The Story of Life

6:22 pm in Review by EVNT

The Story of Life was Bearded Kitten’s latest party. According to their website, they make “interactive entertainment for events and marketing” and they have an extensive track record on the music festival scene (Glastonbury, Secret Garden Party, Bestival, T in the Park, etc.)  A standalone event like The Story of Life comes with specific challenges though. Unlike a festival where people might have the time and the head-space to immerse themselves more fully in interactive events, this was a crowd that was largely here to party like it’s….err…Friday night. Everything had to be instantly accessible and understandable and nothing would really work that required too great a time investment.

You enter the space through inflatable legs- the idea is that you’re being born into the space but the effort that had gone into the legs themselves unfortunately wasn’t matched by the representation or placement genitalia (pinkish curtains hanging down loosely, basically). Once inside, the first room represents infancy. There was a play-pen, which seemed to consist of people sitting down on the floor in a fenced off area and occasionally scrawling obscenities on a blackboard. Next to this were two bungee rope swings; there was the potential for some kind of duel game here but it seemed that participants weren’t really into doing anything structured so they just bounced up and down a bit and went crashing into each other. Apart from this, the room consisted of themed decorations, a dance-floor, a bar, etc.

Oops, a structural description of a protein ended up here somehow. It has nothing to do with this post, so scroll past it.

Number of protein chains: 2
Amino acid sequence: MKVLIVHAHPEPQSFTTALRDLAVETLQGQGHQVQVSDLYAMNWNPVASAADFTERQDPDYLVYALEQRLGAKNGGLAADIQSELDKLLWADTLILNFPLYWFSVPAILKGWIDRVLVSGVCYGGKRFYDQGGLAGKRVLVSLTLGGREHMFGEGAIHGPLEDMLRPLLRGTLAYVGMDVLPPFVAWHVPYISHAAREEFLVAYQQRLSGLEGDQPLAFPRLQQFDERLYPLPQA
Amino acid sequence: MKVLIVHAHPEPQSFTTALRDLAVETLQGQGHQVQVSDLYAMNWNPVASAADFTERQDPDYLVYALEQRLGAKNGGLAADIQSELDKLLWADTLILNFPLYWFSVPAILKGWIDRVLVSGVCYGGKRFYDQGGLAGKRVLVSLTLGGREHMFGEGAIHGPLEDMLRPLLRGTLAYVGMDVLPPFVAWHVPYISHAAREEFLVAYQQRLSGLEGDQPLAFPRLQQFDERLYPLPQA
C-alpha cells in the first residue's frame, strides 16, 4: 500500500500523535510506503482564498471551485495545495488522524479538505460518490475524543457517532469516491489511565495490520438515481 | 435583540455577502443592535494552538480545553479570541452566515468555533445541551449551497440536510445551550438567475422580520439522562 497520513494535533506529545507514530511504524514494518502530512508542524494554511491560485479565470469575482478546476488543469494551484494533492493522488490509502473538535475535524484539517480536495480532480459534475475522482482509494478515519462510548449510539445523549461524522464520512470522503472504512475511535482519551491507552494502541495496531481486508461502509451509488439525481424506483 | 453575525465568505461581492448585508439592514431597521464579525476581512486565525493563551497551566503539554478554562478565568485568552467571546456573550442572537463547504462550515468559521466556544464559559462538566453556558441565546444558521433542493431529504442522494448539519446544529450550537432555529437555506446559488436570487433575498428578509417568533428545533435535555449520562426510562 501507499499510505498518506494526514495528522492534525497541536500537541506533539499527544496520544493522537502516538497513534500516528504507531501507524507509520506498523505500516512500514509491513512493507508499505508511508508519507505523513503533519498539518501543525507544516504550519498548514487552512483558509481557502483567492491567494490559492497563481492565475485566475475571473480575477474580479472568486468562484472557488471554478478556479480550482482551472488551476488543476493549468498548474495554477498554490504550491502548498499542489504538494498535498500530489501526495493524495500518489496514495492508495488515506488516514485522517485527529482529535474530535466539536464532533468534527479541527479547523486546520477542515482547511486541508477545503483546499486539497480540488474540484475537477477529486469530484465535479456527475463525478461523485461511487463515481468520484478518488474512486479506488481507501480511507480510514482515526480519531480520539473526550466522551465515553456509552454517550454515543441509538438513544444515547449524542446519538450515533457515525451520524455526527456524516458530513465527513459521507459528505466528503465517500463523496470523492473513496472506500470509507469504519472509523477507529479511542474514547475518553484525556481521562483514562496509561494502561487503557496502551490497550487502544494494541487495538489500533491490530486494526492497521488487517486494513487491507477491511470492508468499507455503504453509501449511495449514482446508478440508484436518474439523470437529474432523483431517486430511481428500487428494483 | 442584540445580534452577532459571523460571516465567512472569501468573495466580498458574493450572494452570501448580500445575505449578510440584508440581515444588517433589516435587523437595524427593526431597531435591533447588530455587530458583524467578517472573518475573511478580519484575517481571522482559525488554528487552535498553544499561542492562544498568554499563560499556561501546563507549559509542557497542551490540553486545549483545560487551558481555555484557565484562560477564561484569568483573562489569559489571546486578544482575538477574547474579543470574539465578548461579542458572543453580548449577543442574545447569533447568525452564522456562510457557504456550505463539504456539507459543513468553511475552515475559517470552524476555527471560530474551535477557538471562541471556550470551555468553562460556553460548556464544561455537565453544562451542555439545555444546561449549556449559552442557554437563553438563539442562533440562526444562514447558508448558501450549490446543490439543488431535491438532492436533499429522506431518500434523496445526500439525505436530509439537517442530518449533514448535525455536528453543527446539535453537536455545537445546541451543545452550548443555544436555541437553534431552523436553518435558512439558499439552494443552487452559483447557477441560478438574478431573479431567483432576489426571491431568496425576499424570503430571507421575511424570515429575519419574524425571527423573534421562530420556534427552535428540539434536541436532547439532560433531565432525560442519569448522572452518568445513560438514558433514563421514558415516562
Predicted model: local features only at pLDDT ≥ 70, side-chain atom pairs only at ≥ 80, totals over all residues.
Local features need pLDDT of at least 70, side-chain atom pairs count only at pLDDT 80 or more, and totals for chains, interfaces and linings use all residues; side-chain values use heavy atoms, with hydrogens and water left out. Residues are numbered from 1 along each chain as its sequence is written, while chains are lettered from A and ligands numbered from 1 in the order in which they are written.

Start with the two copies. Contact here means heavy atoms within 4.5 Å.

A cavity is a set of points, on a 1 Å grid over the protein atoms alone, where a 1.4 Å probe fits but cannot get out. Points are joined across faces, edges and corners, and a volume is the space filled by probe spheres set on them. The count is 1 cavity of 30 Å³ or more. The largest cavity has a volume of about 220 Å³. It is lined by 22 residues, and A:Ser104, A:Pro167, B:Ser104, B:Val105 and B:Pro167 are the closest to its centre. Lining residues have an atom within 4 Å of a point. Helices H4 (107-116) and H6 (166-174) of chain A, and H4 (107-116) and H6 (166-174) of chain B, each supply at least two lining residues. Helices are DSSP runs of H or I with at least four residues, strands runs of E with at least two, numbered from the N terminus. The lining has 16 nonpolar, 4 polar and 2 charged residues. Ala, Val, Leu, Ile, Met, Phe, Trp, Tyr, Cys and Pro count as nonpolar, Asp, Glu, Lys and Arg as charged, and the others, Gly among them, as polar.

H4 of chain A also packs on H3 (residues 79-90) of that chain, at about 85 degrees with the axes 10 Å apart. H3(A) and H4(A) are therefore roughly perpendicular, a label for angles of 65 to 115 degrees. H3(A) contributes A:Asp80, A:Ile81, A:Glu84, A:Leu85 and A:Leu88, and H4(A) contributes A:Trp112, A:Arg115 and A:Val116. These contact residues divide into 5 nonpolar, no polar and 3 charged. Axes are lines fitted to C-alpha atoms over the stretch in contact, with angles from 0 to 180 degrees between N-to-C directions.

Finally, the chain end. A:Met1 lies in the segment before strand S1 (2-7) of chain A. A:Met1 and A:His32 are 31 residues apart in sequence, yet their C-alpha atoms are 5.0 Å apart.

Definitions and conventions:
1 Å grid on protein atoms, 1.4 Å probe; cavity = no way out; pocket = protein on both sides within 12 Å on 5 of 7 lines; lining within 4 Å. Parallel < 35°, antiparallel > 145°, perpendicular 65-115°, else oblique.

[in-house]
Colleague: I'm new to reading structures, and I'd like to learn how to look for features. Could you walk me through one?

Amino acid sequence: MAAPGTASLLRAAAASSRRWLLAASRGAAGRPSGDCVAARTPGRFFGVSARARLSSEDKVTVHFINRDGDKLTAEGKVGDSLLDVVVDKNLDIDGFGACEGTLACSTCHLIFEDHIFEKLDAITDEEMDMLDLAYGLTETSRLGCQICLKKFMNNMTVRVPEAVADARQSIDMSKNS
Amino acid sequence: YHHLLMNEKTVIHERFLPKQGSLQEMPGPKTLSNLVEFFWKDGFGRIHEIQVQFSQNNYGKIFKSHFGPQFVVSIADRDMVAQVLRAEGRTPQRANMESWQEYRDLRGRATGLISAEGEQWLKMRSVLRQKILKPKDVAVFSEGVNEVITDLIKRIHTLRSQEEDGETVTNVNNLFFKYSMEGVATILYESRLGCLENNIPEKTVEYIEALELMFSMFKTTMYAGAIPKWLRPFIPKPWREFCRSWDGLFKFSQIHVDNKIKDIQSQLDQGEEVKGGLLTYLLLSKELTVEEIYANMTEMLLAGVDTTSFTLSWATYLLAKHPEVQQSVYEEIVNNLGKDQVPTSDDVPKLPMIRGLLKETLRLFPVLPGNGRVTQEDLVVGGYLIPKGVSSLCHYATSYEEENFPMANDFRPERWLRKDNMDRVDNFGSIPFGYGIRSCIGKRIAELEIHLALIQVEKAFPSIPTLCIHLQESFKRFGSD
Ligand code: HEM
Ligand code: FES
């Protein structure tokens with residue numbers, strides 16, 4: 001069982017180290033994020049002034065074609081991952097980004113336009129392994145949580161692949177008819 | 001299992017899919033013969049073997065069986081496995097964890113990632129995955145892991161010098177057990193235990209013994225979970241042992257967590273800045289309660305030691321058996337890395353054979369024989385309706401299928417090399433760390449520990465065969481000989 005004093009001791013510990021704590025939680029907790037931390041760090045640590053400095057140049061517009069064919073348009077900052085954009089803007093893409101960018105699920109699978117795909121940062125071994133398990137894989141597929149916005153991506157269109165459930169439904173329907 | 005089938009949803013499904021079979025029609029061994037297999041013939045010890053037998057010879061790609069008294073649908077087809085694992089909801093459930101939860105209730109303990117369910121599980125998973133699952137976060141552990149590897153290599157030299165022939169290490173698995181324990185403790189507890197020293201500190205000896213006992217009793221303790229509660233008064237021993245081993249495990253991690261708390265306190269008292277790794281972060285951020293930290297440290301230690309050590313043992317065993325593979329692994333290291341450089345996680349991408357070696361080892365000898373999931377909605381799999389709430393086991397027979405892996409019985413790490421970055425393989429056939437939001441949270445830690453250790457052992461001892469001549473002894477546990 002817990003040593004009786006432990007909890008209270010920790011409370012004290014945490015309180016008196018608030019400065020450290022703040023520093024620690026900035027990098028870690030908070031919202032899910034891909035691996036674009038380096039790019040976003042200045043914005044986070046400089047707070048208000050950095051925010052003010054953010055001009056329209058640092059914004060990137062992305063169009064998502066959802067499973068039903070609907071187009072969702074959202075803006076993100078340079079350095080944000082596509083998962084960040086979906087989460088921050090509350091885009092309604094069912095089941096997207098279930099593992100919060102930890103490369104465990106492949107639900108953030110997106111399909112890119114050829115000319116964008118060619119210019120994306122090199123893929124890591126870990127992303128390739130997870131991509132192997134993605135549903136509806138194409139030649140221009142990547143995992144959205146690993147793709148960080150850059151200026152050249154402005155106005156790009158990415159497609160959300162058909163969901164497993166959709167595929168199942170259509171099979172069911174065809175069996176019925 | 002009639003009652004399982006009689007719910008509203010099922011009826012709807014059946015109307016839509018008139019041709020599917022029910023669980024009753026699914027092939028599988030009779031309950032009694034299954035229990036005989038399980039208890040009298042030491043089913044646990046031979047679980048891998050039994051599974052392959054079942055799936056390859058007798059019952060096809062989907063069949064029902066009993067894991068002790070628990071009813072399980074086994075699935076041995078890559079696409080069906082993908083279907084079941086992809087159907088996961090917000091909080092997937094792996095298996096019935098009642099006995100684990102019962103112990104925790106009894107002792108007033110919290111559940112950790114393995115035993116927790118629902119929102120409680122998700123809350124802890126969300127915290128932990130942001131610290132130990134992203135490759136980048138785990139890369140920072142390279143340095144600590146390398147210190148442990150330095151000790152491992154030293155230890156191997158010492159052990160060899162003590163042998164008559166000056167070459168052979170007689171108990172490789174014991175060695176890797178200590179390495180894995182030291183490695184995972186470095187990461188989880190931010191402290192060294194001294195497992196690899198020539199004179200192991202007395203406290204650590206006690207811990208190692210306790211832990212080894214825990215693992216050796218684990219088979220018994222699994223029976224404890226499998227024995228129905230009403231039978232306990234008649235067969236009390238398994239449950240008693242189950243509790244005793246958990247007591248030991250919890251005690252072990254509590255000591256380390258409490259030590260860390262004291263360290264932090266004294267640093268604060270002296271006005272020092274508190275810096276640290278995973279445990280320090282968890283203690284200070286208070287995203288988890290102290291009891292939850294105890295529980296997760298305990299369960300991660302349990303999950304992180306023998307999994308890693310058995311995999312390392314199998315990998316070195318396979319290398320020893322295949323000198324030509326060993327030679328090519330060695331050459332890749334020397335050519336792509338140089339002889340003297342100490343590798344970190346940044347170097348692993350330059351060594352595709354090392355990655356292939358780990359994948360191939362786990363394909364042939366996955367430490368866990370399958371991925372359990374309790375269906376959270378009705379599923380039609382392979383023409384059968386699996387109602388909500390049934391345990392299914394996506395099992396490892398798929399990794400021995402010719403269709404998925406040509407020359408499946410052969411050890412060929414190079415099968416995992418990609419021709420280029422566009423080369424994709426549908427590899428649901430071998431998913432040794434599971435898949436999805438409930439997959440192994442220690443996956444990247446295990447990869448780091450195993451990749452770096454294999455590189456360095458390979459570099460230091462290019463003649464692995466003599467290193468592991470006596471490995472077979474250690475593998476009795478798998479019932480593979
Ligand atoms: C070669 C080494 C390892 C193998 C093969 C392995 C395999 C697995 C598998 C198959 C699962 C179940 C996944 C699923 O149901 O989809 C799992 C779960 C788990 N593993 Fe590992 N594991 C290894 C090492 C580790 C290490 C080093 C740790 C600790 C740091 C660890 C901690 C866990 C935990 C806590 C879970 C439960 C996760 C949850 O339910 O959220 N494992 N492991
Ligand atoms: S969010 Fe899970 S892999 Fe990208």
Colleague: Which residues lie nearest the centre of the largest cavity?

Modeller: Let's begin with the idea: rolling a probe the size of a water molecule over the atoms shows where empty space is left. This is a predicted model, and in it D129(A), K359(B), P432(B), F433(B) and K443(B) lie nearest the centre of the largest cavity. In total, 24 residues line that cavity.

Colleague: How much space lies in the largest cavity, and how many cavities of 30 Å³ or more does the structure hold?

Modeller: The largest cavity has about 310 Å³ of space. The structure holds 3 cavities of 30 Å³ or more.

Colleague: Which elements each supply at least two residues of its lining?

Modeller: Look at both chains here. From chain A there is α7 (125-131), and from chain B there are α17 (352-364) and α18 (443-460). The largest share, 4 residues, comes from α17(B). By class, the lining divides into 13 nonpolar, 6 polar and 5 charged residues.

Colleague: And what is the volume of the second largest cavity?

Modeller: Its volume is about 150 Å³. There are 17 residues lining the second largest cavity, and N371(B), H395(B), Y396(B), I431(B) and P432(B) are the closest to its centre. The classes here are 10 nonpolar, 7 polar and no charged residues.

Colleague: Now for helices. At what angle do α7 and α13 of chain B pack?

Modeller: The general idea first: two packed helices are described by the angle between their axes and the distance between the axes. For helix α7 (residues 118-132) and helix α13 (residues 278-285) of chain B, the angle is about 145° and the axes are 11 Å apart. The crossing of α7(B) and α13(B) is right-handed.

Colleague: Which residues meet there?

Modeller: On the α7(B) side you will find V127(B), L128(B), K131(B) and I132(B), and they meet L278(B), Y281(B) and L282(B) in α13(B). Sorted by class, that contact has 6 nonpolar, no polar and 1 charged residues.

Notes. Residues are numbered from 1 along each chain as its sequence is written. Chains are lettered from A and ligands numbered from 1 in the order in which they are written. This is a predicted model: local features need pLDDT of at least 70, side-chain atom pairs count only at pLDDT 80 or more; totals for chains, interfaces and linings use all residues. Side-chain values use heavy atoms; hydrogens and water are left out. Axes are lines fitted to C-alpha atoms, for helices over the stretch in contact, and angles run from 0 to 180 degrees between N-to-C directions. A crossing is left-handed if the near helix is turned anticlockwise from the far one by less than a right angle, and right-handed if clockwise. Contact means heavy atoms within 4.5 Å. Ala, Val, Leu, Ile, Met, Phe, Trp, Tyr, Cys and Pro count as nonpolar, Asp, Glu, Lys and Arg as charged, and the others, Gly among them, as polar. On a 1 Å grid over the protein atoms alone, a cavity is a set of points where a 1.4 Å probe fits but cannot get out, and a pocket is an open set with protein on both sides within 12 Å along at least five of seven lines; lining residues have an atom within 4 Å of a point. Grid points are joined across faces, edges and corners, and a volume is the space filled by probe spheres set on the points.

The second room was young adulthood and the focus here was on getting married. It had been designed to be a kind of chapel where there were “shotgun weddings” at specific times throughout the night and, at one point, the dance-floor was showered in confetti. Elsewhere there were some more interactive elements like the Job Centre, where you had to compete against your friends to gain your ideal job, and a driving simulation game where you could “learn to drive”.

The Story of Life was a fun night and having the different rooms representing different stages of life (there was also a retirement home where there were magic shows and bingo and a funeral parlour with karaoke) gave each space an identity beyond the type of music that was being played. However, there was no through-line to the experience on an individual level, which is really what might have made it a pervasive experience. As it stands, there were a series of events that sat on top of a club night where people dressed up. The effort that some people went to with their costumes and the way they remained in character throughout the night (old man, old lady, baby) was probably the most entertaining element of the evening- the party itself remains a kind of platform for individual expression. The challenge is for those of us who are interested in pervasive experiences of this kind is how we can integrate the interactivity more fully into the experience.

William Drew